An American bridge supply firm is replacing an aging system of prefabricated truss bridges with prefabricated modular steel bridges throughout Peru. Acrow Bridge, Parsippany, N.J., recently delivered 60 prefabricated modular steel bridges to Peru as part of its $30-million contract—the latest in its four-year relationship with Provias Nacional, the government agency in charge of the country’s national road and bridge network.

Travel in the highlands of Peru depends on a robust network of bridges as even relatively small streams present significant obstacles on the steep slopes of the Andes. For years, many of the nation's secondary roads, which connect the vast rural interior to the rest of the country, have relied on old truss bridges. Several major roads funded by the national government, such as the InterOceanic Highway that crosses the Andes in southern Peru, are paved with asphalt and feature permanent concrete-and-steel spans. As those main highways have been completed, it has put an even greater burden on the secondary-road systems, which are invariably unpaved and serviced by aging modular spans.

Last year, the Peruvian government launched an ambitious effort to replace many of these bridges. Peru's president, Ollanta Humala, announced a large-scale bridge revitalization initiative, designed to replace 1,000 of more than 2,200 spans in the country's road network by 2020.

"Peru has a very active infrastructure development program," says Acrow President Bill Killeen. "This existed under previous administrations, but President Humalla has really accelerated it.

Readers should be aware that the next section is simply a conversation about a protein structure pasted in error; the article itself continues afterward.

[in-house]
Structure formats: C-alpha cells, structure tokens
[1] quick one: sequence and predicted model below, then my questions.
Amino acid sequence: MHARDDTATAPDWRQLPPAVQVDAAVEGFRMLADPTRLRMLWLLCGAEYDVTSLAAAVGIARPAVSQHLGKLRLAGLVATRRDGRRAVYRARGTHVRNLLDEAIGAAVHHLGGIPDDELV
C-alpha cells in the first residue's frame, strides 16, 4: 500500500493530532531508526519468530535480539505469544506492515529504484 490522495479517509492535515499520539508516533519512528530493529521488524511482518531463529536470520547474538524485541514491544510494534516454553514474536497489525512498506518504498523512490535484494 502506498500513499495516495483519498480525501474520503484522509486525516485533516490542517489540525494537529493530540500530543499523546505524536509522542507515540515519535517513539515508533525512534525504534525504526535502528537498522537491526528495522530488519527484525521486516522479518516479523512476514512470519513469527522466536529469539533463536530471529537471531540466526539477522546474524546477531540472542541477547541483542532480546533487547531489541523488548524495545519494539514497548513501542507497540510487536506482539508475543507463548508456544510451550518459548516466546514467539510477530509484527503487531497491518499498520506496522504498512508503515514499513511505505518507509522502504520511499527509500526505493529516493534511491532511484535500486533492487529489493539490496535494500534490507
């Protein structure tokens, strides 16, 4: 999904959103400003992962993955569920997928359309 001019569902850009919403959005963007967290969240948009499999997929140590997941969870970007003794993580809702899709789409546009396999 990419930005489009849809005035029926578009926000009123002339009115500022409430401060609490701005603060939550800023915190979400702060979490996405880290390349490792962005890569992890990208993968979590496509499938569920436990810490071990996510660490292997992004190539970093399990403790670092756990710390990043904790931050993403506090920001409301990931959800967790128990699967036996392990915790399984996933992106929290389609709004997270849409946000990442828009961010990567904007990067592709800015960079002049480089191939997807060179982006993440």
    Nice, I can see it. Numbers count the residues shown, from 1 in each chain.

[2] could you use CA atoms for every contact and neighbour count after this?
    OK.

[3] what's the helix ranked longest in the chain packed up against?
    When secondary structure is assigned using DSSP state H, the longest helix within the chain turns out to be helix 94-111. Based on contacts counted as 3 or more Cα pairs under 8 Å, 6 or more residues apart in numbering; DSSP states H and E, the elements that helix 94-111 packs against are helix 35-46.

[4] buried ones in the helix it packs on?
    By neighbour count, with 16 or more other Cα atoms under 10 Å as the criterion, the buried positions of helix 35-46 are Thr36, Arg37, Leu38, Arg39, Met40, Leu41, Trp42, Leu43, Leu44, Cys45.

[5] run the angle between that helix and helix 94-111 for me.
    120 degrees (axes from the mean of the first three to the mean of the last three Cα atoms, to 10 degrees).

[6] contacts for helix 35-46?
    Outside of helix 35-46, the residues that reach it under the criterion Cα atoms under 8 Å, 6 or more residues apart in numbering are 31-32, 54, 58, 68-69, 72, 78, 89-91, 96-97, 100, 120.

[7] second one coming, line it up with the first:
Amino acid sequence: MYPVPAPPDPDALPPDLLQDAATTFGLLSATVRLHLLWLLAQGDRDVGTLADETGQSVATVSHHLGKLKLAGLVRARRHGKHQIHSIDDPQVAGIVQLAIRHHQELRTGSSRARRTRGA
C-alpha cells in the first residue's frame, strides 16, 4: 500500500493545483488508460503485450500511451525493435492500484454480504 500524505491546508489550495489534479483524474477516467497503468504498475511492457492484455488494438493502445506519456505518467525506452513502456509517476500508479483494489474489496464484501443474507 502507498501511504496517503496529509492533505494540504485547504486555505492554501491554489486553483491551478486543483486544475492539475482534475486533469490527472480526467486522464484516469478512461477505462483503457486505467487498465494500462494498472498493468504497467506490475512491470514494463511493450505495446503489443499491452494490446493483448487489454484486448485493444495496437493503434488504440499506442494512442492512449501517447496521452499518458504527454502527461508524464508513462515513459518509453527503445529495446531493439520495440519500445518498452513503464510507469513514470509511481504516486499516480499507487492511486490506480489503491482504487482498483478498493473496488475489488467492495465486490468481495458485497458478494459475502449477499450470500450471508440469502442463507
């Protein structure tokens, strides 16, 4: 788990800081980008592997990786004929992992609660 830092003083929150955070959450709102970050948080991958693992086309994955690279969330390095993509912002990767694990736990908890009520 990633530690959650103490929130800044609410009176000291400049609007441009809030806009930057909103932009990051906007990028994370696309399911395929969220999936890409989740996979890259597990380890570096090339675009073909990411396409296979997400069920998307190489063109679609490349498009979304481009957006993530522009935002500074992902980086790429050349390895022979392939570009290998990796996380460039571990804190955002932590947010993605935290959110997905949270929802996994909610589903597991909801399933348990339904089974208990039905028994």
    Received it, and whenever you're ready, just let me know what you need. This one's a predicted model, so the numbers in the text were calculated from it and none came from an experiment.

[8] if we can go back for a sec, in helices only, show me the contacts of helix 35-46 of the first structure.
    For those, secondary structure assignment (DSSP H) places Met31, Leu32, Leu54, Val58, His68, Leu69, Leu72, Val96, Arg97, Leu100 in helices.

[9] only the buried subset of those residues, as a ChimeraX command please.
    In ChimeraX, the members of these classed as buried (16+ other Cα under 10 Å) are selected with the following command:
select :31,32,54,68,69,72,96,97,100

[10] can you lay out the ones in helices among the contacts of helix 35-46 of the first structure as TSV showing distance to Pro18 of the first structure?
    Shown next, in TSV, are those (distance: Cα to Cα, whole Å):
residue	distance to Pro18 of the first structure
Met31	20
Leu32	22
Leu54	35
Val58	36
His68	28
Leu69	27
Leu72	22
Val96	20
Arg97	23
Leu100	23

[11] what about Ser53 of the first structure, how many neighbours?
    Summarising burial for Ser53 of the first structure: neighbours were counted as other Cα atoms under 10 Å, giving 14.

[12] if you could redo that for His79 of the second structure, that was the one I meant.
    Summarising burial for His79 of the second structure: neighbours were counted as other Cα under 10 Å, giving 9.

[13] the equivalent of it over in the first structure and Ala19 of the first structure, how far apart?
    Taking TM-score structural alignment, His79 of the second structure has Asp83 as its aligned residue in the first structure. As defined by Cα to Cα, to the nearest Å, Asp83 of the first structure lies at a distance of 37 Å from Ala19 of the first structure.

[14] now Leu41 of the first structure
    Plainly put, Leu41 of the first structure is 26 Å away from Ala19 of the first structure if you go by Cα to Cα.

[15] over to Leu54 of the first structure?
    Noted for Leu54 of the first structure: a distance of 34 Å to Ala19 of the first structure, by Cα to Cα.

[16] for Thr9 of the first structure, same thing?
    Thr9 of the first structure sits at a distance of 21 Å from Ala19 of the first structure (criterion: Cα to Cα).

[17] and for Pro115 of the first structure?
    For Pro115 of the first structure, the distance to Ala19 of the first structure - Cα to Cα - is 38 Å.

According to Provias Nacional, a total of 630 antiquated modular bridges are scheduled to be replaced as part of the president's revitalization program, and 250 permanent spans will be constructed. In addition, a total of 50 bridges on secondary national roads will be relocated to departmental roads.

The most recent delivery of Acrow bridges were 51-meter-long, single-lane spans; 10 were 7.35-m-wide, multi-lane bridges. All of the Acrow bridges feature a solid-steel plate deck that uses an aggregate and epoxy finish for the driving surface to prevent wheels from slipping when conditions are wet.

In addition, Acrow is providing training for bridge installation and maintenance. Last summer, a team of Peruvian engineers took part in an intensive, two-week training course at Acrow's Lafayette, N.J., facilities.

Many of older modular bridge structures are decades old and in danger of collapse.
Photo by C.J. Schexnayder/ENR

The current bridge revitalization program also accounts for the replacement of any of the antiquated spans that collapse, such as the Urubamba bridge last December. The modular bridge at the key crossroads town, near Cusco, was severely damaged when two overweight trucks crossed over it. The structure sank almost 2 ft and was closed.

Crews installed a 50-m-long Acrow bridge in less than a month to restore the vial traffic corridor for the communities outside of Cusco. It is one of the access points for visitors to Machu Picchu.

While the modular bridges are a much-needed improvement from the aging spans, continuing to rely on temporary structures has its own perils for rural infrastructure, says Germán Gallardo Zevallos, professor of engineering at the University of Piura in Peru.

"In Peru, we often say that temporary solutions become permanent solutions," he says. "We need to invest in transportation infrastructure, but first we need to understand the rivers, the climate, the weather conditions, the hydrology, then put the best bridge in the best place."